Friday, February 14, 2020

Sri Lanka Between the Cracks


At a Hindu temple overlooking Triconamalee on the East Coast
Not everything we experienced or observed in Sri Lanka fits into the narrative of our previous five blogs. Some topics need their own mini blog or at least a photo. Here are some answers to questions we were asked, plus a few things we found interesting during our three-week trip.  The most common one we got was from an unlikely source--an older American Airlines pilot on the hotel shuttle at the Portland airport.  "Where is Sri Lanka?" he asked. (It's off the SE tip of India, one-third the size of Oregon.).  I guess geography isn't part of the navigation curriculum in flight school.



Language
I think it means we're in Ohiya,
1,774 meters above sea level
Most Sri Lankans speak at least two languages, often three.  Since most of the people are Sinhalese Buddhists, Sinhalese is often the main language, followed by Tamil, a South Indian language.  Both were unintelligible to us, and the long names of people and places are tongue twisters.  However, nearly everyone who made it through grade school speaks English, making it easy for tourists.  We had fascinating conversations with maids, waiters, tuk-tuk drivers, museum guards, shop owners, and our Rotarian friends. 

Minor traffic on a side street at lunch hour in Nuwara Eliya

Traffic
What can we say?  The narrow roads, variety of vehicles at different speeds, and driving on the left side can be nerve wracking. But we soon learned to just relax. Except for bus drivers, Sri Lankans rarely honk their horns.  They are mostly mellow and cut one another some slack, often with just inches to spare.  For as many close calls as we experienced, we saw few—if any—dented or scratched vehicles.  To really get a feel for it, click on video link at the end of this post to see the “Standing on a Street Corner” video.

Tuk-Tuks
The employee parking lot near the 
defense ministry. Some of the tuk-tuk 
owners try to pick up extra business
on the way home.
On a supped up, heavy duty tuk-tuk in a fishing village
And speaking of traffic, the three-wheeled tuk-tuks and their often-crazy drivers are what makes the traffic so quintessentially Sri Lankan. With a population of 21 million, Sri Lanka has over 1.3 million tuk-tuk drivers.  The government recently banned imports from India, hoping that more young men would go into construction and manufacturing instead.  About halfway through our trip, we realized that some of the tuk-tuks we saw weren’t for hire.  Rather, they were just a cheap means of transportation compared to a car.  Our link of photos at the bottom has a few shots of them.  Also, check out our clip of a fun ride in one of them at the end of this post.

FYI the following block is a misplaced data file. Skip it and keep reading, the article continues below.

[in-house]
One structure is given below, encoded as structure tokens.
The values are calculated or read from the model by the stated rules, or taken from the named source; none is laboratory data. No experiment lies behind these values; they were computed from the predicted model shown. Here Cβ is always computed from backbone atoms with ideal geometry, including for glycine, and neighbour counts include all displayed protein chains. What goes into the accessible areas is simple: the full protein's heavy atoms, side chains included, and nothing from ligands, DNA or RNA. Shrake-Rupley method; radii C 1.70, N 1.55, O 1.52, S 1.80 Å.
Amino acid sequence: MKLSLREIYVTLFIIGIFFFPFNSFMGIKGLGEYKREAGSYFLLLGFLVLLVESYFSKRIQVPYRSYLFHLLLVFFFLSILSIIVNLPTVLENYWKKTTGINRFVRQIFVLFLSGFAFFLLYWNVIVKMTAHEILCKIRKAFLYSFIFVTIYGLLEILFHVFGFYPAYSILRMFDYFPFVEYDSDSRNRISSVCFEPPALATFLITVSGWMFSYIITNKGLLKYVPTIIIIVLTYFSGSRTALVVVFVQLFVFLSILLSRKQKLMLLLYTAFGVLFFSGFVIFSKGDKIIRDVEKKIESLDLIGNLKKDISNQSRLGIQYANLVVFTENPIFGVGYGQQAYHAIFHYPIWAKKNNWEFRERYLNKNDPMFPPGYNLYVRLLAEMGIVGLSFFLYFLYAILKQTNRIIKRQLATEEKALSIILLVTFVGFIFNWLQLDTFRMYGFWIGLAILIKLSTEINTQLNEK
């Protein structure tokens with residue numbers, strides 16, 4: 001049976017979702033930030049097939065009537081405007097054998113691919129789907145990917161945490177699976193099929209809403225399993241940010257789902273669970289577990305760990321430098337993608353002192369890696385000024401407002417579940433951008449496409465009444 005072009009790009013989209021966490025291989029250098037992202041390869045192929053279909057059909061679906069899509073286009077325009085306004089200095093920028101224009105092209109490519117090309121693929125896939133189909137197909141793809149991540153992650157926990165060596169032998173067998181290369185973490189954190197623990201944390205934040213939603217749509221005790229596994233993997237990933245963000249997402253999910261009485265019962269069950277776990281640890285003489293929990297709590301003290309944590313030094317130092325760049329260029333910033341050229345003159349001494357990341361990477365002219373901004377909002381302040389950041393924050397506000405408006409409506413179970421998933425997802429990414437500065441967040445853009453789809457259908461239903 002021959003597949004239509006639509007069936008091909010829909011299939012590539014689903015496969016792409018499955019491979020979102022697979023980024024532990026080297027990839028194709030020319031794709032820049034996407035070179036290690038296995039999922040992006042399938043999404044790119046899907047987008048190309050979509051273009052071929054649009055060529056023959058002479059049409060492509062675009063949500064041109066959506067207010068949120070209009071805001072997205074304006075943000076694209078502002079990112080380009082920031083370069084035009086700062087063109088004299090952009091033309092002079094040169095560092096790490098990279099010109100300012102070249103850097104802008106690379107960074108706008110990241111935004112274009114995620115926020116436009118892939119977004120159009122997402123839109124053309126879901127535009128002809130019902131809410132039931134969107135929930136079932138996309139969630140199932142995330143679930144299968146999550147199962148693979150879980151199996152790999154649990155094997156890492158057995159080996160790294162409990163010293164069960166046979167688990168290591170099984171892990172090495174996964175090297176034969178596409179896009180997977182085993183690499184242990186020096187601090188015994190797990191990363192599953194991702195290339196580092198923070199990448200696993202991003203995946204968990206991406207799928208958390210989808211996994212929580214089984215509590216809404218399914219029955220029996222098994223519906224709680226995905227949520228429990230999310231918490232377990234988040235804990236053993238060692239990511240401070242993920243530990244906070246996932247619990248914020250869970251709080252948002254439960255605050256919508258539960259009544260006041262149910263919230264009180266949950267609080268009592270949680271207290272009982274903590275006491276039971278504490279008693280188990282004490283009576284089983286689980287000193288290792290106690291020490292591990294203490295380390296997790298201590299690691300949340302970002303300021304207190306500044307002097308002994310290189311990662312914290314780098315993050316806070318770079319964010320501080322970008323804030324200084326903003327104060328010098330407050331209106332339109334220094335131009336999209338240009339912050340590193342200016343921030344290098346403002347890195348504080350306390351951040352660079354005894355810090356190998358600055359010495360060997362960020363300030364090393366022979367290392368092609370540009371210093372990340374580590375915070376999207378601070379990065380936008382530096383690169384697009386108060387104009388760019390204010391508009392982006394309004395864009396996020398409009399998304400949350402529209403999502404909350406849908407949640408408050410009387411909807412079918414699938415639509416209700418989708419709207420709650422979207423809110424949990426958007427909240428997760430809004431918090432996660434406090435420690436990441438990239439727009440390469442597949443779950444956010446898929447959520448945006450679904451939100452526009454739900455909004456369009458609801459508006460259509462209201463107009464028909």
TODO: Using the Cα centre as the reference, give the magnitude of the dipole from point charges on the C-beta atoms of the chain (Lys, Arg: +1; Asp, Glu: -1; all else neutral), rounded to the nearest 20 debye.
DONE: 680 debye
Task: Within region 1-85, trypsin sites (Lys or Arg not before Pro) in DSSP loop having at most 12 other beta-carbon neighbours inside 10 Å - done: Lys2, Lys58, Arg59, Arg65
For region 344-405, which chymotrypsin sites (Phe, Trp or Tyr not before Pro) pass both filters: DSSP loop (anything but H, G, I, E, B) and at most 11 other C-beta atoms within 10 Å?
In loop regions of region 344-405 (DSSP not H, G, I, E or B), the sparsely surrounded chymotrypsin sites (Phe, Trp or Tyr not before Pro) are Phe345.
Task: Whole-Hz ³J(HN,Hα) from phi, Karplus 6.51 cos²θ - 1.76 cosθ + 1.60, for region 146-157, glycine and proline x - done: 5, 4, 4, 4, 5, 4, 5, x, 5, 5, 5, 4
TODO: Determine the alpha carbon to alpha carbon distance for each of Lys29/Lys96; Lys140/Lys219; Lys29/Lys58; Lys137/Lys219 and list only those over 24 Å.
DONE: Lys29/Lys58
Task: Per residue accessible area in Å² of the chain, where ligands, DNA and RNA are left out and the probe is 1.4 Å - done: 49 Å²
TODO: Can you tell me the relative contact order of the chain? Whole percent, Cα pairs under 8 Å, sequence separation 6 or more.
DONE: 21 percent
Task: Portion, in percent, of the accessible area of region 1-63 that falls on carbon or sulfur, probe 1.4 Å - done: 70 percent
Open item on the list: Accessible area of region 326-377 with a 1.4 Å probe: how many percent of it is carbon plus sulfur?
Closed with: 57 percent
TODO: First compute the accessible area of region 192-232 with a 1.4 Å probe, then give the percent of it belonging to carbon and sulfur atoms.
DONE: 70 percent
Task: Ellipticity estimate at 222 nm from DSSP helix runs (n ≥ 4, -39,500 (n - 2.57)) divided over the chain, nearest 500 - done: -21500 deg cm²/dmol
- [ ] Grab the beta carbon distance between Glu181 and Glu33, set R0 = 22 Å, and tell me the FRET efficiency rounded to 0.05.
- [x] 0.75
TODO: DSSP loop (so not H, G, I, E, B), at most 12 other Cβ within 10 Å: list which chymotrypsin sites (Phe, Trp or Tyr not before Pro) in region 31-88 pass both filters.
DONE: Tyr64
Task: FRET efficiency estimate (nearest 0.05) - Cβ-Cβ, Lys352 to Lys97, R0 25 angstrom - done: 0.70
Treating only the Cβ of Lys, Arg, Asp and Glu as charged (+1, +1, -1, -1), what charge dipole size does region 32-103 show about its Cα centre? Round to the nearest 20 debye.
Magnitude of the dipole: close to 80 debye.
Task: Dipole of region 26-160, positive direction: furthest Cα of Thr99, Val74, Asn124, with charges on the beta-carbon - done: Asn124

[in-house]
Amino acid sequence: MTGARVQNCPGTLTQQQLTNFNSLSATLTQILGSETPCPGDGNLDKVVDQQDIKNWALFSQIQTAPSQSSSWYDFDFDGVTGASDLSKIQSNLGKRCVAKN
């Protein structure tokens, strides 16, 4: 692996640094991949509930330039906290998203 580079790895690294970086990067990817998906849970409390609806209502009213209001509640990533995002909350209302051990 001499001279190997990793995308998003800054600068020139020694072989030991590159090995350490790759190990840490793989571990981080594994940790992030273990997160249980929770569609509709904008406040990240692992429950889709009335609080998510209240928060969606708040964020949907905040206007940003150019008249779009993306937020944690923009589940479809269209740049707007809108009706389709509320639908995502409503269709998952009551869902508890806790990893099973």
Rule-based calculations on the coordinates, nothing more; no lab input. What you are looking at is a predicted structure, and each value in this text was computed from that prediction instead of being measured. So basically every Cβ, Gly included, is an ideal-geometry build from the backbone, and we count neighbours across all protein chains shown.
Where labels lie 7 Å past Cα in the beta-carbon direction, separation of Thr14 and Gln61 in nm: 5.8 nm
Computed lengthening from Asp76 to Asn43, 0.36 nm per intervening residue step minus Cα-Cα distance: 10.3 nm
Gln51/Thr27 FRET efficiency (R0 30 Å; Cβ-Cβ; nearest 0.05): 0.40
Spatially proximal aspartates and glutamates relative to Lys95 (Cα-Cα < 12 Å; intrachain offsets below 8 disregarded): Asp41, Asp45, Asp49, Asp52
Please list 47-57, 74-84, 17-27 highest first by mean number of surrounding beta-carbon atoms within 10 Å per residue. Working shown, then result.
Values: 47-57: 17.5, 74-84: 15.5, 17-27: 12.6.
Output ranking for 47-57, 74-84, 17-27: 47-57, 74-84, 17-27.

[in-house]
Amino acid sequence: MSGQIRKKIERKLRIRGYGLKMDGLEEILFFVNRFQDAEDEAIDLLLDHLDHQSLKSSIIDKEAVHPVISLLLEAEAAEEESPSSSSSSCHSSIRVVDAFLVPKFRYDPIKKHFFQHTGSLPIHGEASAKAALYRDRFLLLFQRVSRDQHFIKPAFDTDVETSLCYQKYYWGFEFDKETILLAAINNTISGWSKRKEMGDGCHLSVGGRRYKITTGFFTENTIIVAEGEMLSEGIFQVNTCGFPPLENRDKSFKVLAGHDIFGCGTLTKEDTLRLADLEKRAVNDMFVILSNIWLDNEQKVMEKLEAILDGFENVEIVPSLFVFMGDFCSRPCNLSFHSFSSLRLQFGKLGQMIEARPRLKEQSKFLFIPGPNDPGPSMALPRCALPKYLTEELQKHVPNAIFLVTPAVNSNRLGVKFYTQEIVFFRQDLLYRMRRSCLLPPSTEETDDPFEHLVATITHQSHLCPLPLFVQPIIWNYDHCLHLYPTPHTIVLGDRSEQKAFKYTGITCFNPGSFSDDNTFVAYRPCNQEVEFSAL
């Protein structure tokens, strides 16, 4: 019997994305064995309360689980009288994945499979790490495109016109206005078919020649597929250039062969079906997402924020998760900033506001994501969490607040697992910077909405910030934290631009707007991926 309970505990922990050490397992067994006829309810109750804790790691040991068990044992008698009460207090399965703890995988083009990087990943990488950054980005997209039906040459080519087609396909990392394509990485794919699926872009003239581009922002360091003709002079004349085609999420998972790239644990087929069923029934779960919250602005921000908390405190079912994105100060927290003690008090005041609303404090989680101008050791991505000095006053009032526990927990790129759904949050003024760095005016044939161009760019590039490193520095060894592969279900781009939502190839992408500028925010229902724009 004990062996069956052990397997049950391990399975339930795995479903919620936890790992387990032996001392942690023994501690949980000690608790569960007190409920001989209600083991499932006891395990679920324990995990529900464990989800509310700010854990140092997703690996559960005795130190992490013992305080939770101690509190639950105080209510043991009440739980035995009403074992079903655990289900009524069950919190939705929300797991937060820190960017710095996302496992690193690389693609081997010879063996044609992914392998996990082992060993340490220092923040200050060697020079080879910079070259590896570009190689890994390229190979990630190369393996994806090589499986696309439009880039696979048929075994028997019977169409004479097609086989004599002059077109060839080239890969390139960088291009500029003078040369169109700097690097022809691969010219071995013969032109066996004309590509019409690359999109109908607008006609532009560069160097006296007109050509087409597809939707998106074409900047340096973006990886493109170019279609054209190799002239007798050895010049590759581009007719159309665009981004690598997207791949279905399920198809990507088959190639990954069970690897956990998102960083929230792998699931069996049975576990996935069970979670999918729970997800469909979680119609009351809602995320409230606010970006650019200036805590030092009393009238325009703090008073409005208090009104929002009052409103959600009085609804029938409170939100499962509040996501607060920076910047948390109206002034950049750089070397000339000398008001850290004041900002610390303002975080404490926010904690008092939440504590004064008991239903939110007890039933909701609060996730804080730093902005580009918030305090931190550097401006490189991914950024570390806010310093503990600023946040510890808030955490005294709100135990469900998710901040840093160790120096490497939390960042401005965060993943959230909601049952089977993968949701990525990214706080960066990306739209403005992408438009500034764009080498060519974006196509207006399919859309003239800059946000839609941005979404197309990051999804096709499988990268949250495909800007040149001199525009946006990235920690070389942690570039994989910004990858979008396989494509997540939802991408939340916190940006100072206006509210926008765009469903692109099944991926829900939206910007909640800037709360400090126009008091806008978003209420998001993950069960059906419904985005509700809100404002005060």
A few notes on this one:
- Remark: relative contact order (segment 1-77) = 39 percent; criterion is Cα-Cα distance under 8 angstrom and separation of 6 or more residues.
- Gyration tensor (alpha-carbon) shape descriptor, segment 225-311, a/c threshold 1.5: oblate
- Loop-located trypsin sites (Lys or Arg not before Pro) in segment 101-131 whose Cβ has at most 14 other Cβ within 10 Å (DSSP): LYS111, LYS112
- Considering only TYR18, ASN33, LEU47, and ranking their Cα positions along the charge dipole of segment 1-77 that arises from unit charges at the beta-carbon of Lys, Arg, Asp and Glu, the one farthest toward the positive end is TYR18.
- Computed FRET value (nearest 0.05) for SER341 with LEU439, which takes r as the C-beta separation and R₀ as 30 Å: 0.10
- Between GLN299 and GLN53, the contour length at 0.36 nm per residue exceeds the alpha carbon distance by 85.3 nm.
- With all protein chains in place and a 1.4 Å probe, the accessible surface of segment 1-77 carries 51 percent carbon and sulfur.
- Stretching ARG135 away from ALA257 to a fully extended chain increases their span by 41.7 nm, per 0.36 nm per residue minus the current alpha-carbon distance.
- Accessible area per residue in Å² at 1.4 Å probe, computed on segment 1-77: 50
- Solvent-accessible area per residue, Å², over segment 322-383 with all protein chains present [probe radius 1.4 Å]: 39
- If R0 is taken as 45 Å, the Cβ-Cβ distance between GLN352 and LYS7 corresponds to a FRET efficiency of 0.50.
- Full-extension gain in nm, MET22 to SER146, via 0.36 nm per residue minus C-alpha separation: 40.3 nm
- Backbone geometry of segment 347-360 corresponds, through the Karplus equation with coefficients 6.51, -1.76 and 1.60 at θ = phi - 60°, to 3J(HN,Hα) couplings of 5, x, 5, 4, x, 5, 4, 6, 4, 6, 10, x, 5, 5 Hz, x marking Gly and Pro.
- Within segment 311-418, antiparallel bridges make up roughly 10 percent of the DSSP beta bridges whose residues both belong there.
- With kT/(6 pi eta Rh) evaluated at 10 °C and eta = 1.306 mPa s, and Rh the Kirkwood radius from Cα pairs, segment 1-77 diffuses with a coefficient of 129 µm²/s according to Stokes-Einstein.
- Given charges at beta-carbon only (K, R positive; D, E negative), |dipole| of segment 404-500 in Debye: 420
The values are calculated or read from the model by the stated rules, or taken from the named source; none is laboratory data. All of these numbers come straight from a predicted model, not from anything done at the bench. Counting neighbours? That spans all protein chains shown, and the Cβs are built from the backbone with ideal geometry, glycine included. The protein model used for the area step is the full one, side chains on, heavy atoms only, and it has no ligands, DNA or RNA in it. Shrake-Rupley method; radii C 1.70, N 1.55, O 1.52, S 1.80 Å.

Dogs
Sri Lankans love dogs.  Most of them are mellow and look alike.  Dogs are also part of the traffic equation.  They think nothing of taking a nap on a busy road or jaywalking. We saw so many near misses.


Typical looking dogs that seemed to belong
to our jungle camp in Yalla.
"Temple dogs" at a Buddhist temple















Food
I can't remember if this was breakfast, lunch, or dinner
at Gihan's home, but it was fantastic!
If you followed us on Facebook or Instagram, you no doubt saw some of our food porn photos.  The rice is flavored with lentil, fish, and green bean curries, hot but not that hot.  The curries were unique, but they resembled a combination of Thai, Malaysian, and South Indian dishes.  They are best enjoyed eating with your right hand fingers and thumb. We
loved it, and often had curry-rice morning, noon, and evening.  Sri Lanka is clean, and so are its kitchens and eateries.  Even eating in the cheap dives where only the locals went for lunch, we never got sick.  Bottled or filtered water was available everywhere and in every hotel room.  







But it beats the cold
rain and fog of Oregon
in January-February!
Climate
Unless you are in the tea country up in the hills, it is hot and humid.  Every place we stayed had air conditioning, but Sri Lankans are very judicious about its use because electricity is very expensive. It can be upwards of 30% of a large household’s budget.



Getting there and back
Coach airfare and economy-plus are relatively cheap. It just takes a long time to get across 13.5 time zones.  Our outbound trip, with layovers in LA, Tokyo, and Singapore took 44 hours.  Returning without the Tokyo layover took 30, but we had a 15-hour flight from Singapore to LA.  That said, Singapore Airlines is the best we have ever flown.  And no matter what, it was so worth the effort.



Costs
Our hotel near Badulla, complete
with a swimming pool.
Once you get there, Sri Lanka is a bargain.  Nice hotels cost less than a budget hotel near the Portland airport. And there are some very spectacular ones on pristine beaches or with stunning views in the tea country hills.  All provide breakfast. Eating like locals, we’d often spend less than $5 on a huge lunch, maybe $10-15 for a fresh seafood dinner including drinks.  Western style restaurants and fast food chains cost more.  You can rent a car and driver for $50 per day, but trains and busses cost much less.


Radio
We traveled over 800 miles by car.  Some of our drivers had a thumb drive of mellow Sri Lankan music which we enjoyed.  Others cranked up the radio.  But for the Sri Lankan English accents, it sounded just like the top hits, oldies, or I-Heart Radio stations here with the station breaks, promos, commercials, etc.  (Booming voice: “All the music you love right here on FM 98.5 Radio Columbo where the hits never stop!”  Music jingle: “98.5—top hits.”)  Then Kelly Clarkson.

Fellowship after the brief Rotary meeting
Rotary